It's not something trumpeted by a school district sensitive to its yawning racial achievement gap, but white students in the Minneapolis public schools are testing above average in Lake Wobegon country.

Non-Hispanic white kids in the Minneapolis district are scoring at a higher level than their white peers across Minnesota in state math, reading and science tests. The gap ranges from a single percentage point in math to 7 points in science.

Those results may reaffirm the decision by more white Minneapolis parents to stay in the district, bucking a trend of families heading to the suburbs when their kids hit school age.

The share of white kids in the district has been rising since 2002. But previously that meant they were leaving a shrinking district more slowly than other racial or ethnic groups, many of whom took advantage of state-funded transport to suburban schools.

The absolute number of white kids bottomed out in 2008. There were a few dozen more white students the following year, and then their numbers jumped by several hundred in each of the next two years. Last year, the 10,999 white students made up nearly one-third of enrollment, up 7 percentage points from 2002.

Blacks represent 36 percent of students, Latinos 19 percent, Asians 8 percent and American Indians less than 5 percent.

One leading critic of metro segregation, Myron Orfield of the University of Minnesota's Institute on Metropolitan Opportunity, said the prime factor is that growth is strongest in the city's southwest corner. From a parent's perspective, low poverty rates, high test scores and a largely white enrollment add up to a student population "very much like the best suburban schools," he said.

Others suggest factors ranging from the economy to expanding classroom space in explaining the growth in white enrollment.

One theory is that a failed housing market trapped parents in homes they had intended to sell before the kids reached school age -- but that factor didn't keep white enrollment from continuing to ebb in St. Paul, where scores also topped the state, by smaller margins.

Stephanie and Christopher Pichner might have looked at homes in the nearby suburbs had their Shingle Creek starter home's value not been marked down $100,000. Instead, they discovered Loring Community School, where the staff accommodated the attention-deficit needs of their third-grader with more flexibility while adding a tougher spelling list and above-grade-level math to engage his high IQ.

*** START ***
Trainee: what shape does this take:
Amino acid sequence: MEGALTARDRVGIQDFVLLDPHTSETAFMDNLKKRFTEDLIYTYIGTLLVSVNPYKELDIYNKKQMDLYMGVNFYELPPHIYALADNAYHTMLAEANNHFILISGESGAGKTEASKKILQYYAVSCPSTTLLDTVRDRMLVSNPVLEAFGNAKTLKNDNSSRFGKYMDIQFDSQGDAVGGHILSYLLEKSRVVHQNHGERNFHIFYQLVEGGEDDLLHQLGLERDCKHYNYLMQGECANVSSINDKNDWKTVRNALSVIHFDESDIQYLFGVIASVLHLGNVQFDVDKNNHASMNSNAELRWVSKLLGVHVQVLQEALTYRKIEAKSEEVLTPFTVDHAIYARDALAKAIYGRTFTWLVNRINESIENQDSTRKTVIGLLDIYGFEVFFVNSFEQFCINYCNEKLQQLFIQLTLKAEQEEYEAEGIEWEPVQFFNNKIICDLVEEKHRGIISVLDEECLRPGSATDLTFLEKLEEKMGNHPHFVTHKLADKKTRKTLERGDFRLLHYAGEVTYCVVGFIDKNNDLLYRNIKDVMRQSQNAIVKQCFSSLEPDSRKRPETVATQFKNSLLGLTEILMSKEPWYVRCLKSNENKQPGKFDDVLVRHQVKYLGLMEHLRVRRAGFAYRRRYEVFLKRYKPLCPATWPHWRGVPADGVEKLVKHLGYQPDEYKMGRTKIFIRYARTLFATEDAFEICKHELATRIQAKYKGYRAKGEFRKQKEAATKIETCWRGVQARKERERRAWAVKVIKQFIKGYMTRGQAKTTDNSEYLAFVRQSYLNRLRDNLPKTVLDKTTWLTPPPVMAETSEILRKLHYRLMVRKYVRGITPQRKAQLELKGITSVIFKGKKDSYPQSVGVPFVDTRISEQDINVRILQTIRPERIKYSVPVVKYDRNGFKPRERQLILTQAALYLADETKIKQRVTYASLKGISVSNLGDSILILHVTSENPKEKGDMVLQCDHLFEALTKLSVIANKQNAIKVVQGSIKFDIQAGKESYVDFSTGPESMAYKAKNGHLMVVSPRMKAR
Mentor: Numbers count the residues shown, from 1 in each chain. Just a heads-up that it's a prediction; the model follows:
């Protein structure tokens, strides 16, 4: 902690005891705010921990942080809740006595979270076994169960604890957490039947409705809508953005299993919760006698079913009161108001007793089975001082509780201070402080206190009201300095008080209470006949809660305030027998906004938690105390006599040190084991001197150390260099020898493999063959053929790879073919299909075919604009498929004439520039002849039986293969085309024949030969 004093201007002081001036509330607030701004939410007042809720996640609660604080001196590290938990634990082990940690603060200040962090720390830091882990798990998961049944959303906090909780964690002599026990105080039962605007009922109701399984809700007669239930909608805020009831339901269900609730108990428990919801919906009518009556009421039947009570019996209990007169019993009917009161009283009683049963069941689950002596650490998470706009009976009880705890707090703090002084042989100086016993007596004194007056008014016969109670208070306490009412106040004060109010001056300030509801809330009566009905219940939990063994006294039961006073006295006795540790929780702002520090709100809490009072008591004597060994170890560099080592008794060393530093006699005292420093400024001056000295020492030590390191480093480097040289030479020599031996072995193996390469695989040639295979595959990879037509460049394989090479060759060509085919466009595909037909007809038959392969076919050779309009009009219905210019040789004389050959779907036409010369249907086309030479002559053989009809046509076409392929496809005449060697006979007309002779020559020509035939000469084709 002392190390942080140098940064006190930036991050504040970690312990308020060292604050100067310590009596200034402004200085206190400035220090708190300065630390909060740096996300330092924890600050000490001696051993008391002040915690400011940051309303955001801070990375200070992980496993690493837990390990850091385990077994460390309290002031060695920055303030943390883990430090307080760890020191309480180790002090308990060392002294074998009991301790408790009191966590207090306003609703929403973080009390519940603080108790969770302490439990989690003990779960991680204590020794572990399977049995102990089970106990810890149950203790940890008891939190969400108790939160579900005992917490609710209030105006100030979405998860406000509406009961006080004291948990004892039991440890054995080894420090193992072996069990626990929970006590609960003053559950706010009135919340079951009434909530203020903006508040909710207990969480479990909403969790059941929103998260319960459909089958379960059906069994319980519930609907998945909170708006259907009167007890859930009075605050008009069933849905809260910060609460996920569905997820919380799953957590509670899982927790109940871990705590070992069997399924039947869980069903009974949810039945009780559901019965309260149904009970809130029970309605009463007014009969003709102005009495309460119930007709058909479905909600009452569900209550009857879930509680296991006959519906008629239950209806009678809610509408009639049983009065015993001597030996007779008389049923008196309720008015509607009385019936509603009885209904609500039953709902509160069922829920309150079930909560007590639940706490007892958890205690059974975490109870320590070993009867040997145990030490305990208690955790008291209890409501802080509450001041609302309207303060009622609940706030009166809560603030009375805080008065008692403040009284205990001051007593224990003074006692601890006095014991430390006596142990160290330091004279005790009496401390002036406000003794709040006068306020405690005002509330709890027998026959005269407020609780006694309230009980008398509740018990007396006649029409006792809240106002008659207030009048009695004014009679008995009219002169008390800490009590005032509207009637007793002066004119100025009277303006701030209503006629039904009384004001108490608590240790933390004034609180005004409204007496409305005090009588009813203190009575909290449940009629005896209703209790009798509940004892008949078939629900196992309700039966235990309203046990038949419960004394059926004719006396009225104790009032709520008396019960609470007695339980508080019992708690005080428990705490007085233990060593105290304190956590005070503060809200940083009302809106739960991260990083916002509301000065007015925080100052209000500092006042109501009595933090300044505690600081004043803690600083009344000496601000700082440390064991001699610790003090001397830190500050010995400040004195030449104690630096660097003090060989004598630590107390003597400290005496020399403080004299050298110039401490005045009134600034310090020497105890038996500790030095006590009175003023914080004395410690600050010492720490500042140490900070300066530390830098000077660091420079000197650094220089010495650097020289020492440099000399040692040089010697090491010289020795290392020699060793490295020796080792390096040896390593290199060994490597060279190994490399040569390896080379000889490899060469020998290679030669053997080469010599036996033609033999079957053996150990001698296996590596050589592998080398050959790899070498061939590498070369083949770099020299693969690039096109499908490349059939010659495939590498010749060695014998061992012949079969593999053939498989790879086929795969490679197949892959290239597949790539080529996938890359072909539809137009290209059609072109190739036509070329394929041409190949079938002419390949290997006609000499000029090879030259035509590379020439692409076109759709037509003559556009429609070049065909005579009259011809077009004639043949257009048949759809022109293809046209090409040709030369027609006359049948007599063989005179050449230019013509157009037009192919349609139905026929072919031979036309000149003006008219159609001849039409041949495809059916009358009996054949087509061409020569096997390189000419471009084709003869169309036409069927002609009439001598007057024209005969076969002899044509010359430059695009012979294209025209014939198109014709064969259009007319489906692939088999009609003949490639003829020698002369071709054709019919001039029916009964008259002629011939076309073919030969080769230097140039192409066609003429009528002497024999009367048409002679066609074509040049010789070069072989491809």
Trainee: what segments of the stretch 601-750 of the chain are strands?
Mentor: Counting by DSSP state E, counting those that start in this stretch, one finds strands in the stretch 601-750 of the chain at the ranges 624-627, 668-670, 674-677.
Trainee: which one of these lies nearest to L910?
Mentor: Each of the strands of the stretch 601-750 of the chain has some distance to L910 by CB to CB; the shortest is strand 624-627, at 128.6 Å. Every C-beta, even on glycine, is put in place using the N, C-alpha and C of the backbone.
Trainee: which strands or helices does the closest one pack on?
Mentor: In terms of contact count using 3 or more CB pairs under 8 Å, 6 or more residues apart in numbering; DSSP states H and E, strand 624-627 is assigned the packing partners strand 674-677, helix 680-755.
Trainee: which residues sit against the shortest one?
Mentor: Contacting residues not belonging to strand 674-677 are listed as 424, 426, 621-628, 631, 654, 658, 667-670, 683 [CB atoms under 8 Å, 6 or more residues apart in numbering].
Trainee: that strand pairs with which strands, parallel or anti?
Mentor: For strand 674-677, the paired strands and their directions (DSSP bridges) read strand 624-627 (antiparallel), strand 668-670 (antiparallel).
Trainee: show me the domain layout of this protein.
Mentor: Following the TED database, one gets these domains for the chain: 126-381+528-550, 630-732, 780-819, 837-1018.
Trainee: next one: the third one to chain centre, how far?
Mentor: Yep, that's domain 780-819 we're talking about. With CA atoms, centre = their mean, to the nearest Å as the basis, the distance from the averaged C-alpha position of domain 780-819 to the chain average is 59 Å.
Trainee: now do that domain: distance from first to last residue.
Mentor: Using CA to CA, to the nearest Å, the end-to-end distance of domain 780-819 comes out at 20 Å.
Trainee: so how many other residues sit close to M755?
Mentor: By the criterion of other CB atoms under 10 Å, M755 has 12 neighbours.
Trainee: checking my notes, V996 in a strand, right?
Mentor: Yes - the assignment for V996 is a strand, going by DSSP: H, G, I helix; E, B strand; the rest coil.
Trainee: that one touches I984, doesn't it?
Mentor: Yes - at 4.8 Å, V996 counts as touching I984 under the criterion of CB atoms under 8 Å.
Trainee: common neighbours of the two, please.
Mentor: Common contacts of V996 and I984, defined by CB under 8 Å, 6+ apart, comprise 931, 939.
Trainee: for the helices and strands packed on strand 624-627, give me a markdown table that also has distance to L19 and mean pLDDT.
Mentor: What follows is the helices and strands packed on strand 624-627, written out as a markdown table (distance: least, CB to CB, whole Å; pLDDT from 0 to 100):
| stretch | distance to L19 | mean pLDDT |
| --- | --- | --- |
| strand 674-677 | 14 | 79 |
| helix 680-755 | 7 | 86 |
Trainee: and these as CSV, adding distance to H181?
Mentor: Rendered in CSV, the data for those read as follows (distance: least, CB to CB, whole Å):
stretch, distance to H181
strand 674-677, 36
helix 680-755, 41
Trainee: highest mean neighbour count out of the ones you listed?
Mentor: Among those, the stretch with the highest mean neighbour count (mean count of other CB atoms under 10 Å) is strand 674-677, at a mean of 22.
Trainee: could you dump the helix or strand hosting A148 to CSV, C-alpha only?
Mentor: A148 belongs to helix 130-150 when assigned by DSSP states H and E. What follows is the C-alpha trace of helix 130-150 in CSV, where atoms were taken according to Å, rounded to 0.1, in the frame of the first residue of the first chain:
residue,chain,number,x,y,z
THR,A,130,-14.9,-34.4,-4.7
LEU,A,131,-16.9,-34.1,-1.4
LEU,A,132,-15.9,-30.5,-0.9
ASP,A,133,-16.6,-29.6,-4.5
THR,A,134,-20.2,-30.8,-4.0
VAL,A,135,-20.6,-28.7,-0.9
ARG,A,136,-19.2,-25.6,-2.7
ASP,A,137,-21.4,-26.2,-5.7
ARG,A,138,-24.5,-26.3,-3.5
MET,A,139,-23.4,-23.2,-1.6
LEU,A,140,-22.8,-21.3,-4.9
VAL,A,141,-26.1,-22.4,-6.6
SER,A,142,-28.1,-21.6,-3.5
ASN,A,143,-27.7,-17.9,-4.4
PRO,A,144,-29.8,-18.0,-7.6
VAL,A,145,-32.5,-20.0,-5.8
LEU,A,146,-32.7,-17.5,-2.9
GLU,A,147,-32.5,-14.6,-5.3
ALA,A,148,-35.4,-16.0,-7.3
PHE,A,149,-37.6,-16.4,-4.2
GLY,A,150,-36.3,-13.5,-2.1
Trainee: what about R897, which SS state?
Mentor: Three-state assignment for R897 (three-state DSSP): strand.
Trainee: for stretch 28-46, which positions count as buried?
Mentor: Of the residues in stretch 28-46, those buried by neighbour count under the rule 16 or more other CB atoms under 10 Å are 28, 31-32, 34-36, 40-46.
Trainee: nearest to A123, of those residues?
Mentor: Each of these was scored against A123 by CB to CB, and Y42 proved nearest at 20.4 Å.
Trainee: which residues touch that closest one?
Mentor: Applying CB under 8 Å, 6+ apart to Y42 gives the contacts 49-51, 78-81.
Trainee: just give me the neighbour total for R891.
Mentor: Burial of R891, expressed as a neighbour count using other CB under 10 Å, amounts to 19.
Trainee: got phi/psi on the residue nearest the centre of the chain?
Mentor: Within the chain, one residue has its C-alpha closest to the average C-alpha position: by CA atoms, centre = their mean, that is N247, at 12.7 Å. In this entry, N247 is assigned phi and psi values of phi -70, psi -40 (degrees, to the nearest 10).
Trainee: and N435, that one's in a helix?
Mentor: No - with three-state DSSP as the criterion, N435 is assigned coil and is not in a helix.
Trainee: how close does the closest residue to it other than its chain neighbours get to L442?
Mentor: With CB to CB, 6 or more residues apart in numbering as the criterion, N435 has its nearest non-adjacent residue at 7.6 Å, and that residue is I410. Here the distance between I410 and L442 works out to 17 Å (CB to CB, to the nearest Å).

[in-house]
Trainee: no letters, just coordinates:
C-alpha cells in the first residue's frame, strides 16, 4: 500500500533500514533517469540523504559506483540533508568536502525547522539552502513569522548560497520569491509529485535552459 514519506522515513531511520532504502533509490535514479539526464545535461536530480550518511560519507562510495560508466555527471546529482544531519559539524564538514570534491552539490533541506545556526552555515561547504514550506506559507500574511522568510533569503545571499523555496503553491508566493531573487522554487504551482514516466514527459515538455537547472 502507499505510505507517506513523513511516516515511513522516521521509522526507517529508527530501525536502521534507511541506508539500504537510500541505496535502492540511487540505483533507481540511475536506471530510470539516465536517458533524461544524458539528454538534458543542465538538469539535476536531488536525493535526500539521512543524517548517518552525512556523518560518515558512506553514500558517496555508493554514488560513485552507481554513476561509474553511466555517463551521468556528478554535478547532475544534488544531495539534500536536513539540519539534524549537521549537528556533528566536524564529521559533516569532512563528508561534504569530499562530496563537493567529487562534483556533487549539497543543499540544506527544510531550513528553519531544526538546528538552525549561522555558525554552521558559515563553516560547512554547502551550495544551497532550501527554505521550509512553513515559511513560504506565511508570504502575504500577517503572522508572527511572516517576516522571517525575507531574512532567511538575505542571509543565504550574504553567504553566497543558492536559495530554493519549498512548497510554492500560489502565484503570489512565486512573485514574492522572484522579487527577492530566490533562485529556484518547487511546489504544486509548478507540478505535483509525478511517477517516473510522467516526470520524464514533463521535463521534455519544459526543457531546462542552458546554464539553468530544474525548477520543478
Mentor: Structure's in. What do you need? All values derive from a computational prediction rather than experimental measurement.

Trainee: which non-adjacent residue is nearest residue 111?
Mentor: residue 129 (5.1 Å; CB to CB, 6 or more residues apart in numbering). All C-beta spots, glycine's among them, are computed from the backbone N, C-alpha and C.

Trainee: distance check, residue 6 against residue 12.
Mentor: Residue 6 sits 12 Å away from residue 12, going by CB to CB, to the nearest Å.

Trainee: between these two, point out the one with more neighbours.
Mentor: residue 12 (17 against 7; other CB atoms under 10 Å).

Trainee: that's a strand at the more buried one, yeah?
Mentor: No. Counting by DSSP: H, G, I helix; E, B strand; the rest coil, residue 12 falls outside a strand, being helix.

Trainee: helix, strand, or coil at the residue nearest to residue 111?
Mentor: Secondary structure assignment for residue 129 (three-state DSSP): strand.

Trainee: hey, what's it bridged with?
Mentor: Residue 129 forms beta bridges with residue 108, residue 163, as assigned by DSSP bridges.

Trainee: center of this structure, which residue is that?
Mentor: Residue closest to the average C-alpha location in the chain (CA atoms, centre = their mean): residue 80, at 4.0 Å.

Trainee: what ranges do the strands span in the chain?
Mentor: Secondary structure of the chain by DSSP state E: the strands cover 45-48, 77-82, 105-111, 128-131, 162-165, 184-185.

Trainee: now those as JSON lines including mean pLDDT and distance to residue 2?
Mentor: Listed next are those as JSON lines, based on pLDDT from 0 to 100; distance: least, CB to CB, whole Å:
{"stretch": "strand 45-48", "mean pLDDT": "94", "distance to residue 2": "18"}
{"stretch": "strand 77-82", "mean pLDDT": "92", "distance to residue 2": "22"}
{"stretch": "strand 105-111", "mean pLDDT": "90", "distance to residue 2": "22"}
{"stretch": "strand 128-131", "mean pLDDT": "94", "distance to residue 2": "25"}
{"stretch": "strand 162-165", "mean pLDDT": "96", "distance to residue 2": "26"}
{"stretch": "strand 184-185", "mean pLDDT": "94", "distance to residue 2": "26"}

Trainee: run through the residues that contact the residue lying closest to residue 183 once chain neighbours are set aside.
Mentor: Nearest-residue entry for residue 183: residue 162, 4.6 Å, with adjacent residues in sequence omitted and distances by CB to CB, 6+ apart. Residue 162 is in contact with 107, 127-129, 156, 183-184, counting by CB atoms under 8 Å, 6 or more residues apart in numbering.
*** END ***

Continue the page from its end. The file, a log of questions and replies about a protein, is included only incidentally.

The battered economy has also left parents less willing to invest in private schools. "You start to look at the payment for private schools across your child's school career, and it's enormous," said Liz Short. She's the co-chair of the parent advisory council for the district's Area C, stretching from downtown to its southwest corner, and a Lyndale Community School parent.

The district has also hardened its attendance boundaries while making sure that every neighborhood has a community school, along with limited magnet options. "Maybe parents are saying, 'Hey, these schools are really good,'" Short said.

Her area is the leading contributor to the district's enrollment rebound. Enrollment there is up about 1,500 elementary and middle school students over the past six years, while the area east to the St. Paul border has been flat during that period.

The district is also readying for enrollment gains suggested by the 2010 census in the Nokomis-Longfellow area. It will renovate Howe school to open next fall to pair with Hiawatha as a K-8 school. It is building space for 180 more students at the Keewaydin campus of Lake Nokomis Community School. Investments like that build momentum, Short said.

Meanwhile in the southwest corner of the city, the lower campus of Lake Harriet Community School is adding space for 125 students. It was the district's most racially unbalanced school last year at 88 percent white enrollment, which reflects the surrounding neighborhood.

Two other schools portray different paths to expanding white enrollment. One is Lyndale, which Short chose for her children even though she lived outside its attendance area, driving them from their home in nearby East Calhoun for eight years. White enrollment at the time was in the single digits. When the district offered Lyndale as the default school to nearby white neighborhoods, some parents balked.

Short encouraged parents to keep an open mind, parsing test data to point out that the number of students exceeding basic proficiency proved teachers were working to meet all ability levels, rather than teaching just to the needs of students learning English. The proportion of white students has tripled.

At Sanford Middle School, Principal Meredith Davis arrived in 1998 to an enrollment that was 15 percent white, roughly opposite that of surrounding neighborhoods. Now the school is 40 percent white, the biggest of any racial group. That's happened even as the school population has doubled, reflecting the closing of nearby Folwell Middle School and more rigid attendance boundaries.

Davis sensed more than five years ago that neighborhood students were returning. "Sanford really changed as a school, and the neighborhood wanted to give it a chance," she said.

Marketing the superior test results for whites is something the district hasn't done explicitly, even though it dates back at least five years.

"We're sensitive in this district, we're an urban district with many challenges, and we have a large achievement gap, and we are focusing whatever we can on lowering the gap," district spokesman Stan Alleyne said. That means focusing communication to families and others about how they need to get involved in the education of students.

"At the same time, we cannot ignore our success stories," Alleyne said, pointing to Southwest High School's top ranking in Minnesota from U.S. News & World Report.

Steve Brandt • 612-673-4438 Twitter: @brandtstrib